High Risk for Severe Emotional Dysregulation in Psychiatrically Referred Youth with Autism Spectrum Disorder: A Controlled Study

Poster Presentation
Saturday, May 12, 2018: 11:30 AM-1:30 PM
Hall Grote Zaal (de Doelen ICC Rotterdam)
J. Wozniak1, G. Joshi2, M. Fitzgerald3, S. V. Faraone4, R. Fried5, M. Galdo5, A. Belser2 and J. Biederman2, (1)Massachusetts General Hospital / Harvard Medical School, Boston, MA, (2)Pediatric Psychopharmacology and Adult ADHD, Massachusetts General Hospital, Boston, MA, (3)Pediatric Psychopharmacology, Massachusetts General Hospital, Boston, MA, (4)Psychiatry, SUNY Upstate Medical University, Syracuse, NY, (5)Massachusetts General Hospital, Boston, MA

Prevalence of ASD is considerably higher in psychiatrically referred populations of youth, ranging from 2-14%. Psychiatric referrals of children with ASD are frequently driven by emotional and behavioral problems. Emotional dysregulation (ED) is characterized by poor self-regulation, including symptoms of low frustration tolerance, impatience, quickness to anger, and emotional reactivity. Within the context of ASD, researchers have defined ED in distinctive ways for assessing deficits in regulation of emotions. We have operationalized different levels of ED using a unique profile of the Child Behavior Checklist (CBCL) (Achenbach, 1991) consisting of elevated scores of the Anxiety/Depression, Aggression, and Attention subscales. The ED profile on the CBCL (CBCL-ED) can help identify moderate [≥1SD and <2SD; Deficient Emotional Self-Regulation (DESR)] or severe [≥2SDs; Severe Emotional Dysregulation profile (SED)] levels of ED in children with emotional and behavioral difficulties. Although deficits in regulation of emotions have been documented in children with ASD the prevalence of ED based on the varying severity levels of CBCL-ED profile and whether the two sub-forms of ED are clinically helpful in distinguishing distinct levels of deficits in children with ASD remains unclear. Considering the empirical nature of the CBCL, its excellent psychometric properties, and its ease of implementation, documenting the magnitude and severity of ED per CBCL operationalized criteria in ASD populations remains an area of very high clinical importance. The knowledge derived from this work could translate into improved recognition and therapeutics for ASD children at risk for differently compromised courses and outcomes.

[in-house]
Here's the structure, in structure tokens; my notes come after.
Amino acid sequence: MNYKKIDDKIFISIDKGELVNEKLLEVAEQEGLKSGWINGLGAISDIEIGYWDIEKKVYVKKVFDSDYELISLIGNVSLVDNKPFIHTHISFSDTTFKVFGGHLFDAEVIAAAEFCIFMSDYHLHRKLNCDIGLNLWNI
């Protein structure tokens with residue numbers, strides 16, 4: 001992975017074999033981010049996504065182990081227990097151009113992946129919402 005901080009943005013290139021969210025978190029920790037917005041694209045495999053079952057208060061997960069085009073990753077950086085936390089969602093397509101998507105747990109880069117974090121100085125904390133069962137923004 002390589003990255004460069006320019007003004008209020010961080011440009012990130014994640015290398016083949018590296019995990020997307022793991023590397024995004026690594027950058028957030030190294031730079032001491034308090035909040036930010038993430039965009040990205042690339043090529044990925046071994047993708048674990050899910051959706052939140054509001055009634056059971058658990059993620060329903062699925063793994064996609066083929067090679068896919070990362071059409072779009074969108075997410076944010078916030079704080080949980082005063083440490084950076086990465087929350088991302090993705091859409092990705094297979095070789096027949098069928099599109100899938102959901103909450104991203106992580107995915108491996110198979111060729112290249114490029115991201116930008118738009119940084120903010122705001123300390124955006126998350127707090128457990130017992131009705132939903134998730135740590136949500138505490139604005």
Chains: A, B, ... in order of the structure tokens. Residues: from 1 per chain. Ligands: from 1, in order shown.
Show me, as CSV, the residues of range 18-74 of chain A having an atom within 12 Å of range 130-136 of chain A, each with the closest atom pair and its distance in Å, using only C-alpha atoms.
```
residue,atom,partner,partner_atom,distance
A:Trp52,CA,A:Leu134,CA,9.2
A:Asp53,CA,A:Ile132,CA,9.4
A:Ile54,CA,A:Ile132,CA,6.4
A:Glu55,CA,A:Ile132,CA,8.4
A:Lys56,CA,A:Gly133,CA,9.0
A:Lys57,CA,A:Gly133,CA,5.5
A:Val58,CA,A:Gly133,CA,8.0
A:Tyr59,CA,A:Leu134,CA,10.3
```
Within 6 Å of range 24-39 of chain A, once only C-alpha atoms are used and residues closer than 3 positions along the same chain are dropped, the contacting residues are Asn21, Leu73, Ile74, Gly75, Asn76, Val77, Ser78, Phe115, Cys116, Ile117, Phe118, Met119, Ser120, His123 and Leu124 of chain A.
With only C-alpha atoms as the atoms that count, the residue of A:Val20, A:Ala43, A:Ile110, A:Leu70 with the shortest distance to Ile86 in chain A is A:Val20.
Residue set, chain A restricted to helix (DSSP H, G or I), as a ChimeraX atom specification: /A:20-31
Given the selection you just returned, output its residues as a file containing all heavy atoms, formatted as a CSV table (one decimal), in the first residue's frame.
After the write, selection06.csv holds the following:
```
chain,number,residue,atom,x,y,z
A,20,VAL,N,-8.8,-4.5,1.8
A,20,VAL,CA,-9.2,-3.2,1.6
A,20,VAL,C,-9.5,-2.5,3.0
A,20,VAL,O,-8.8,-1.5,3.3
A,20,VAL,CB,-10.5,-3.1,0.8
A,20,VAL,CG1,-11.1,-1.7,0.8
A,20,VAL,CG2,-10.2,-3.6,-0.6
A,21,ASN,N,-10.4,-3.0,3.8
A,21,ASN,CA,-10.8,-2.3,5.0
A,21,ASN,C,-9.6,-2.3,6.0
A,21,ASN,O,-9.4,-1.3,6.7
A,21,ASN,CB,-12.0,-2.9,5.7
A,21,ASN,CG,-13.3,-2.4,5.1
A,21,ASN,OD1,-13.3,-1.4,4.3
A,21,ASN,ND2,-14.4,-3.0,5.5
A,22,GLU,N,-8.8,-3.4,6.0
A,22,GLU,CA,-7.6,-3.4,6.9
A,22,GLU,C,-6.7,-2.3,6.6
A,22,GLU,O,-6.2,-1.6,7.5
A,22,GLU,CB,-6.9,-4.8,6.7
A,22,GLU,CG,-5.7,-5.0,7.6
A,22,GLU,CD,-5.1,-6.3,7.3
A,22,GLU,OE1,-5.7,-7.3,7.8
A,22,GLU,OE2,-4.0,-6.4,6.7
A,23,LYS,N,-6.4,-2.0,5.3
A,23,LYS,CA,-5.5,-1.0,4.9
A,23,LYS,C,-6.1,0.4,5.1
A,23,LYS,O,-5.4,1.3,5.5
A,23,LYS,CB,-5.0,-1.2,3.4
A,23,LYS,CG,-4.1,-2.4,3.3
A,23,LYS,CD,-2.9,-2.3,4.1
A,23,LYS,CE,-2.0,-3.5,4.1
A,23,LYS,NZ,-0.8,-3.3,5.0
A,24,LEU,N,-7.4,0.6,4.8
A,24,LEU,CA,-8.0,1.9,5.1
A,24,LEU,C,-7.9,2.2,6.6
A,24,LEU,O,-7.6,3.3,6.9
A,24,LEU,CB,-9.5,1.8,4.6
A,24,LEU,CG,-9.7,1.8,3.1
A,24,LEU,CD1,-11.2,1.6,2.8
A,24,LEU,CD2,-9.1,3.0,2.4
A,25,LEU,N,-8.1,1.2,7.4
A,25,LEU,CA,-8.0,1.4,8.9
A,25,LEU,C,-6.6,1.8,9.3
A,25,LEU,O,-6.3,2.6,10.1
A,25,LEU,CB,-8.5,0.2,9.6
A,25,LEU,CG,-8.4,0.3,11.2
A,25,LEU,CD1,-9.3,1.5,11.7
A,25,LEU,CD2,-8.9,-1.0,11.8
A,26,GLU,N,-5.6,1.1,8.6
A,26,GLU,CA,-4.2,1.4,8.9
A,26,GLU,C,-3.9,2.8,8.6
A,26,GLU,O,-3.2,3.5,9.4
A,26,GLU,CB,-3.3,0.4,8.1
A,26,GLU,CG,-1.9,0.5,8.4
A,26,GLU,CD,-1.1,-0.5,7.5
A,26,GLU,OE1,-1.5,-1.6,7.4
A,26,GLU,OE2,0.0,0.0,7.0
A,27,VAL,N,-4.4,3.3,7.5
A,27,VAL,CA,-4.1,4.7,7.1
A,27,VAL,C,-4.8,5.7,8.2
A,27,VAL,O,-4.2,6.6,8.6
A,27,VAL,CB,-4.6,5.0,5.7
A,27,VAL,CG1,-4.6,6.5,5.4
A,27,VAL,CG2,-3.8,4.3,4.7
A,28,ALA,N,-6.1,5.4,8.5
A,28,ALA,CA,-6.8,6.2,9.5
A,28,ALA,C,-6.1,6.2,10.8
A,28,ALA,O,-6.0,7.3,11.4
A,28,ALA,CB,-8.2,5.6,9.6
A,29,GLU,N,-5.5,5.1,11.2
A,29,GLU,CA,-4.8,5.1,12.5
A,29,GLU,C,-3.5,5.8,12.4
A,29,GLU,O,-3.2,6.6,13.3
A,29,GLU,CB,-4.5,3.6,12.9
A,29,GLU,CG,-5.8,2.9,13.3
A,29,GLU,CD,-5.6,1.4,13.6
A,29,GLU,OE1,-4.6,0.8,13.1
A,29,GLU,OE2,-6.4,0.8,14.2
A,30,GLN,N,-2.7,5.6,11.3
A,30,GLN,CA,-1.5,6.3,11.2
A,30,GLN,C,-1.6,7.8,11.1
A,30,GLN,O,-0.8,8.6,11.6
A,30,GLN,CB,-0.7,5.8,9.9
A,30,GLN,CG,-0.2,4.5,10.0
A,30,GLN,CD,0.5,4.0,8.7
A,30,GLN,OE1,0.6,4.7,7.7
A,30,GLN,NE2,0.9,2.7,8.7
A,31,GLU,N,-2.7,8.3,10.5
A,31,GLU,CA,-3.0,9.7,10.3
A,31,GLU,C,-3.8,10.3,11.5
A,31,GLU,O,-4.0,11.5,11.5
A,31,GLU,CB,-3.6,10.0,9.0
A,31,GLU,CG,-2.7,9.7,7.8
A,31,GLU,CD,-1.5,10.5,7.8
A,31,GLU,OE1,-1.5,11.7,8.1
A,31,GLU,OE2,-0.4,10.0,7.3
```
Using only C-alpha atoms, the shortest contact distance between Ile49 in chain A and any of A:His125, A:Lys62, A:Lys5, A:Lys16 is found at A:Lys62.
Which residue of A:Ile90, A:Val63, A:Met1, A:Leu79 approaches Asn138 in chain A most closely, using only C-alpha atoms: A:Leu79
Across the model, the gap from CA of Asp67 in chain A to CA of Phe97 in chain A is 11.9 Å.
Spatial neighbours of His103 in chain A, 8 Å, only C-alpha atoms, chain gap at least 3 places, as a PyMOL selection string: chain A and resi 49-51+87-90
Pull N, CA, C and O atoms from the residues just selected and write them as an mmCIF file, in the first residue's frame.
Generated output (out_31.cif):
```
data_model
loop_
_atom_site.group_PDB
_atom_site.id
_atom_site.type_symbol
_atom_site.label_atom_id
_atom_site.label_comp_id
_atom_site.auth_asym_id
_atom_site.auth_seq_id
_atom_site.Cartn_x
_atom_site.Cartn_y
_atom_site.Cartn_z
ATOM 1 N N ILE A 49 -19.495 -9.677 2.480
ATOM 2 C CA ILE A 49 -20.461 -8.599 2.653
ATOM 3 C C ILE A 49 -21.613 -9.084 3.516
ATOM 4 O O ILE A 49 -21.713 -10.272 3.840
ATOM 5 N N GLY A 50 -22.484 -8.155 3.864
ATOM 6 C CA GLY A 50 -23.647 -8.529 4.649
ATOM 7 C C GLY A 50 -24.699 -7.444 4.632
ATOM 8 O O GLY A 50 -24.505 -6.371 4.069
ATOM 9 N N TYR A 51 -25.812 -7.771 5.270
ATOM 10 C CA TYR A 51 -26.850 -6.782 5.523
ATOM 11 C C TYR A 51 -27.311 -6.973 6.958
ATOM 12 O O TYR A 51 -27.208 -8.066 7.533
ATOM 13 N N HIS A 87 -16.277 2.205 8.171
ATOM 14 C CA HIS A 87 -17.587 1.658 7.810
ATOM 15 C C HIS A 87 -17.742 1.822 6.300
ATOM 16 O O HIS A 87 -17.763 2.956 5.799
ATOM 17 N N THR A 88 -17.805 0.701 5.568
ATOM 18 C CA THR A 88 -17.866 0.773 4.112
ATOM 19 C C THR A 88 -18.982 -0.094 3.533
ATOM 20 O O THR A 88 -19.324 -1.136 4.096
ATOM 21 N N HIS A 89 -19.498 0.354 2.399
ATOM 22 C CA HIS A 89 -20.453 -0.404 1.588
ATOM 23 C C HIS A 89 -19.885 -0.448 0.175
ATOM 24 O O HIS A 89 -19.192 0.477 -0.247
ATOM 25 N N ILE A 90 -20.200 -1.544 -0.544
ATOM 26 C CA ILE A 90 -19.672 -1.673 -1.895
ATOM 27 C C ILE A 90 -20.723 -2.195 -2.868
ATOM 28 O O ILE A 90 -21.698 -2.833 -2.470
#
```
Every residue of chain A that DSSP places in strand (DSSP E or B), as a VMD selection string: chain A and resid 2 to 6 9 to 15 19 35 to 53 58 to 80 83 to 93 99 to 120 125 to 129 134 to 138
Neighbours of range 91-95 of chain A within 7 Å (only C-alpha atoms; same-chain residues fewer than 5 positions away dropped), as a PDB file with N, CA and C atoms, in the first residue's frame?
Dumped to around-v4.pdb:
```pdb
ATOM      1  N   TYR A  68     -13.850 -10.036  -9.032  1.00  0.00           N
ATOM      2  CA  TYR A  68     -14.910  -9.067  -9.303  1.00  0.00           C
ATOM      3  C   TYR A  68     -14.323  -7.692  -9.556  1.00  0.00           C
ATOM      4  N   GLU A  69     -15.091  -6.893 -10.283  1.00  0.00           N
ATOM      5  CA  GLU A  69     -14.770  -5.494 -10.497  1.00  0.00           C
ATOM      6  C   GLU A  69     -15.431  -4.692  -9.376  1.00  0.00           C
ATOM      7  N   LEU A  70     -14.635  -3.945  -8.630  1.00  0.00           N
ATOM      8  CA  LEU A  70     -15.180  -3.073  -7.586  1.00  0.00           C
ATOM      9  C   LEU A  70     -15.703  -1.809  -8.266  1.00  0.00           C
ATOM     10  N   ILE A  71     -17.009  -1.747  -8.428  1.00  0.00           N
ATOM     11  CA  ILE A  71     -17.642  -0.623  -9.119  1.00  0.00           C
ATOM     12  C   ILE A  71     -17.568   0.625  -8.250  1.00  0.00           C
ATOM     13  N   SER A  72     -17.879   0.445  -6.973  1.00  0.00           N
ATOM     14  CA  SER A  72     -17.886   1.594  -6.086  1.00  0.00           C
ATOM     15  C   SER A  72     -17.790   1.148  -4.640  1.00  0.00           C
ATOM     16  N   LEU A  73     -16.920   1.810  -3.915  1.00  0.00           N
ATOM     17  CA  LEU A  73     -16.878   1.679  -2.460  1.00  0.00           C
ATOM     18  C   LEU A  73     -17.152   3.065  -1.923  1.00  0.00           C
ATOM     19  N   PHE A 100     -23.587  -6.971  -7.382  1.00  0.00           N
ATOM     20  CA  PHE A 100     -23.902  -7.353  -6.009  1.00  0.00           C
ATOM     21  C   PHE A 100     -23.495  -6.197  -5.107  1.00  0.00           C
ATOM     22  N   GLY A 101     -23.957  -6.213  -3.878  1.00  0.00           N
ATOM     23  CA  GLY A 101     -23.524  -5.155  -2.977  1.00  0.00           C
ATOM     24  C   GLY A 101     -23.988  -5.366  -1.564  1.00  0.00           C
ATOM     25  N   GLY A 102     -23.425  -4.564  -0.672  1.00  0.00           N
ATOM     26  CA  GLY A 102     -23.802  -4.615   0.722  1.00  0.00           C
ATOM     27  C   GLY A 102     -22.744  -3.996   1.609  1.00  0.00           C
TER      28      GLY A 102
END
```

The main aim of the present study is to: 1) examine the prevalence of the two CBCL based ED profiles in youth with ASD; and 2) investigate whether the two severity levels of CBCL profiles for ED can help distinguish clinically distinct levels of deficits in ASD. We hypothesized that the two CBCL-ED profiles in youth with ASD would identify differentiating patterns of clinical correlates.


ASD youth (N=123) were compared to youth with attention-deficit/hyperactivity disorder (ADHD) and healthy controls. We compared the prevalence of the two CBCL-ED profiles in psychiatrically referred population of youth with ASD to those with ADHD and to healthy controls (HC). Furthermore, we directly compared the demographic, psychopathological, and functional correlates associated with the two CBCL-ED profiles in youth with ASD.


The majority of psychiatrically referred youth with ASD had positive CBCL-ED profile that was significantly higher than in youth with ADHD (82% vs. 53%; p<0.001). The SED profile was significantly greater in ASD youth than ADHD (44% vs. 15%; p<0.001). In the presence of SED profile ASD youth suffered from greater severity of autism, associated psychopathology, and psychosocial dysfunction.


There is a greater than expected prevalence of SED in psychiatrically referred youth with ASD that identifies distinct clinical correlates associated with severe morbidity and dysfunction.